This article was written by Dr. Jolene Giacinti (BHSc, DVM, PhD), Wildlife Health Specialist at Environment and Climate Change Canada. Jolene is on the Board of Directors with Veterinarians Without Borders North America/Vétérinaires Sans Frontières Amérique du Nord Canada.
Today, as we mark the International Day of Epidemic Preparedness it’s the perfect time to reflect on the links between human, animal, and environmental health. These interconnections are the basis of One Health, an approach that is particularly relevant when we talk about zoonoses – pathogens like rabies, SARS-CoV-2, and avian influenza that can transmit between animals and humans.
Recognizing these links and working together with One Health partners are key for preventing zoonotic epidemics, preparing for potential outbreaks, and responding effectively when they occur – the three primary pillars in the field of emerging infectious diseases.
The emergence of SARS-CoV-2 has really highlighted the need to shift our focus from response to prevention. When it comes to zoonoses, this means preventing that critical first step – the transmission (or ‘spillover’) of pathogens between animals and humans.
So how do we do that? Key actions include: knowing what pathogens are circulating, identifying the host species, and learning about what factors make pathogen spillover more likely.
Let’s delve into the importance of wildlife health in safeguarding against zoonotic spillover and how conducting disease surveillance in wildlife can contribute to this critical first step of prevention.
PHOTO on RIGHT: Dr. Jolene Giacinti releasing a mallard in the field. (Photo credit: L. McPhee)
Wildlife Health and Drivers of Zoonotic Disease Emergence
Wildlife are more than just a part of our natural landscape. They contribute to our economy, culture, and have important ecological benefits. They play a crucial role in food security and in the physical and mental health of communities that rely on wildlife for sustenance and livelihood.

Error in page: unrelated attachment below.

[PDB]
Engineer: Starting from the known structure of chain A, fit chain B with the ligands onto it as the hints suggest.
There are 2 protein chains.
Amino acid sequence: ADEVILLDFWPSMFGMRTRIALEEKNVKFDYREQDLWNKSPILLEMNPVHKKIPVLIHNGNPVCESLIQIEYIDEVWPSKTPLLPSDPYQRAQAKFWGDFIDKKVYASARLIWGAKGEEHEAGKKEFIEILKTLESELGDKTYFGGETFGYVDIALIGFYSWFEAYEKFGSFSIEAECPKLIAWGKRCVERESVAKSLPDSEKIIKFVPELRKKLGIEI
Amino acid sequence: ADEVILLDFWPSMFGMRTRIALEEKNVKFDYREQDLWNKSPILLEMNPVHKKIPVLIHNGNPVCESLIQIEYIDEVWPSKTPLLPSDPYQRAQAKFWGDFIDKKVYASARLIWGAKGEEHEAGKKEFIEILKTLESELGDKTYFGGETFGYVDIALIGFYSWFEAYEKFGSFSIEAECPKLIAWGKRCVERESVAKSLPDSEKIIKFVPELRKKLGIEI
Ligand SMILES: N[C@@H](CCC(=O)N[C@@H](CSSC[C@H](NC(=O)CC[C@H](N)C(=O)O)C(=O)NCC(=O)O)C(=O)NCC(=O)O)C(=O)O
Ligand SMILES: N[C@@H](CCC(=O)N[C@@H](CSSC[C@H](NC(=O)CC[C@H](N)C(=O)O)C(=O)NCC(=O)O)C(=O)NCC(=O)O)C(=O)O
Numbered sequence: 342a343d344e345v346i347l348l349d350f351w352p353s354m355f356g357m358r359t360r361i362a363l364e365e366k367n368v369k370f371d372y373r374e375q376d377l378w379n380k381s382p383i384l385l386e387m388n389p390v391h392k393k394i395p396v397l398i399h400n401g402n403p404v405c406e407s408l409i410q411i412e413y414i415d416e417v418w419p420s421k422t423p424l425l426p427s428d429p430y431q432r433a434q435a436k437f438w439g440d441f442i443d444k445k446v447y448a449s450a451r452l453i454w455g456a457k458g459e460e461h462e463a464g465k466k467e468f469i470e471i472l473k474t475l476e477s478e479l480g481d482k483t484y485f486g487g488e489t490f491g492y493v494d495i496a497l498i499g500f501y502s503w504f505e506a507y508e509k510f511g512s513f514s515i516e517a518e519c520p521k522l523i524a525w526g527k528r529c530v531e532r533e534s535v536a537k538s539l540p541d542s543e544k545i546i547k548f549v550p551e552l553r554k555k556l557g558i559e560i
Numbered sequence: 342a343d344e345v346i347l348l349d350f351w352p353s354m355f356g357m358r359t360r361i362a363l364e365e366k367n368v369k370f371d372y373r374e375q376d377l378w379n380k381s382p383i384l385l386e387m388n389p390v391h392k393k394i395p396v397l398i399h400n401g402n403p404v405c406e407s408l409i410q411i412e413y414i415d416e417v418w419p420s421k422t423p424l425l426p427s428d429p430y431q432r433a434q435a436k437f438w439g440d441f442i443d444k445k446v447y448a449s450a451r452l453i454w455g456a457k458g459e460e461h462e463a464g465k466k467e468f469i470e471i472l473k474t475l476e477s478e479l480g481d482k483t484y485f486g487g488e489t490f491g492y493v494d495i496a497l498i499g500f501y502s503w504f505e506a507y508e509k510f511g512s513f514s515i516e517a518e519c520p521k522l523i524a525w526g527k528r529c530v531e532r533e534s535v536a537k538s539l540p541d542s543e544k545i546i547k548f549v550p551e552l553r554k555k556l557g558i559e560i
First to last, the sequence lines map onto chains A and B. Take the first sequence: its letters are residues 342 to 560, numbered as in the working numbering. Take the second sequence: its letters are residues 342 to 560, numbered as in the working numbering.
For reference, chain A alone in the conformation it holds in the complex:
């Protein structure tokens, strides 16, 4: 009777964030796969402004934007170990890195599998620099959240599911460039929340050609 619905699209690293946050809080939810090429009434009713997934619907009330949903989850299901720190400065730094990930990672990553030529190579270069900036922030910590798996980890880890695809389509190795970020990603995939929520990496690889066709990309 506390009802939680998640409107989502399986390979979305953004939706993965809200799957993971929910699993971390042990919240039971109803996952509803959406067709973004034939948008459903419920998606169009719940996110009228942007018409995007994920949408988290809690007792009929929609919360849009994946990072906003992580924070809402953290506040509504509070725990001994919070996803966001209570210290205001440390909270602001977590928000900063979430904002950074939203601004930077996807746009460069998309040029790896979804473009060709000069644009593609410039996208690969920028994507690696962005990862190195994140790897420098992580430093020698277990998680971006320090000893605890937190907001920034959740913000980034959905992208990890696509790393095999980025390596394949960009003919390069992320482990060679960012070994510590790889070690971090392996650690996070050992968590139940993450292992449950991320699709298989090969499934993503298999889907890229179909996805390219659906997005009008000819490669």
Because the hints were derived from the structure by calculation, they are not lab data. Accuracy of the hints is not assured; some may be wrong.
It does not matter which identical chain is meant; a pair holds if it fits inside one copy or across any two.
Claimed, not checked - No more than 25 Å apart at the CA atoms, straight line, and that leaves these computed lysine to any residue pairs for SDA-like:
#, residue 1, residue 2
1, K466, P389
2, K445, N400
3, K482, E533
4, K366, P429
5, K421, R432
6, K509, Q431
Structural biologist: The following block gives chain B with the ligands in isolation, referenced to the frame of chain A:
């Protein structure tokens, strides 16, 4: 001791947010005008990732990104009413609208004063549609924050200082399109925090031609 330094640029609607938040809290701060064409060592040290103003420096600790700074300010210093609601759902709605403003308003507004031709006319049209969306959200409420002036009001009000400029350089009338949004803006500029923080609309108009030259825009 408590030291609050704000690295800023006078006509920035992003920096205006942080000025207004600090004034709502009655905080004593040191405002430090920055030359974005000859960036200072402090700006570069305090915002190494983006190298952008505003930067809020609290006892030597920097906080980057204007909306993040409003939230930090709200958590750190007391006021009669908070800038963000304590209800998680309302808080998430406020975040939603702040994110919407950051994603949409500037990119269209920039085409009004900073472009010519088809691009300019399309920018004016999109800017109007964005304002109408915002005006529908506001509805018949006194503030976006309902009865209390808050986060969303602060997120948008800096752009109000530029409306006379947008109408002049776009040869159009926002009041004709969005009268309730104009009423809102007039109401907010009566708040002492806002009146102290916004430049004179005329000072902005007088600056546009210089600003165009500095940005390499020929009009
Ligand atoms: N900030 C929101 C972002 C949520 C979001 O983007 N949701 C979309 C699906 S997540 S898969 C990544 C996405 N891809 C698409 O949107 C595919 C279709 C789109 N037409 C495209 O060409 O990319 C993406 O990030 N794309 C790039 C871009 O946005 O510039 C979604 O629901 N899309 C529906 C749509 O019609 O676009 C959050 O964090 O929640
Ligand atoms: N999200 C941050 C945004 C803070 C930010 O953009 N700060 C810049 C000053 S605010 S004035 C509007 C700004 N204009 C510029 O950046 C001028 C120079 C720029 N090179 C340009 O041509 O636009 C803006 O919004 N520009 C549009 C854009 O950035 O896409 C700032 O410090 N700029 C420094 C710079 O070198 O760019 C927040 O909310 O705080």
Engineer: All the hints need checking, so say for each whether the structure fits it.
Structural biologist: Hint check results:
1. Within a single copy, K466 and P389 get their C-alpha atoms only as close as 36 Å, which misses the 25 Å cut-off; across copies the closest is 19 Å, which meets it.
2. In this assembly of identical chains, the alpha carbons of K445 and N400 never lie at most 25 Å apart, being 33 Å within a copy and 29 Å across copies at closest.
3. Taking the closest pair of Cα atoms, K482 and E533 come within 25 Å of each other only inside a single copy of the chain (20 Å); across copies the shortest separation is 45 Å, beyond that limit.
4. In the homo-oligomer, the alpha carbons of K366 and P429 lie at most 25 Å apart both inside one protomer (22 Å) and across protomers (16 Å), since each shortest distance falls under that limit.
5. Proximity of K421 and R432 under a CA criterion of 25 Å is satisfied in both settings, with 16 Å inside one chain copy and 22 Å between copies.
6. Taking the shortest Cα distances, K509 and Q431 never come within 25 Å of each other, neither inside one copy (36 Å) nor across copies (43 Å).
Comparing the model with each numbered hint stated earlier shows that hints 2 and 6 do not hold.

In Canada, our diverse wildlife species are under increasing pressure from climate change and habitat loss due to things like urbanization, agricultural land conversion, and resource extraction. These changes have also led to more frequent interactions between humans (and our domestic animals) and wildlife, increasing the risk of zoonotic pathogen spillover.
While the majority of emerging infectious diseases originate in wildlife, it’s important to remember that wildlife do not present an inherent risk. The risk comes from our increasing and unnatural contact with them. In fact, promoting healthy wildlife populations and protecting habitat can actually safeguard against pathogen spillover!
The Role of Wildlife Disease Surveillance: A Canadian Perspective
Wildlife disease surveillance involves monitoring wildlife populations for signs of unusual illness or death. Members of the public like you and me can play an important role in this by acting as the eyes and ears on the ground. Alerting the relevant authority of any sick or dead wildlife you encounter allows a wildlife pathologist to conduct an examination and diagnostic testing to identify the cause of death. This can help us to identify what pathogens are impacting our wildlife and act as an early warning if new pathogens have been introduced. In Canada, the Canadian Wildlife Health Cooperative and provincial/territorial wildlife authorities lead this vital work.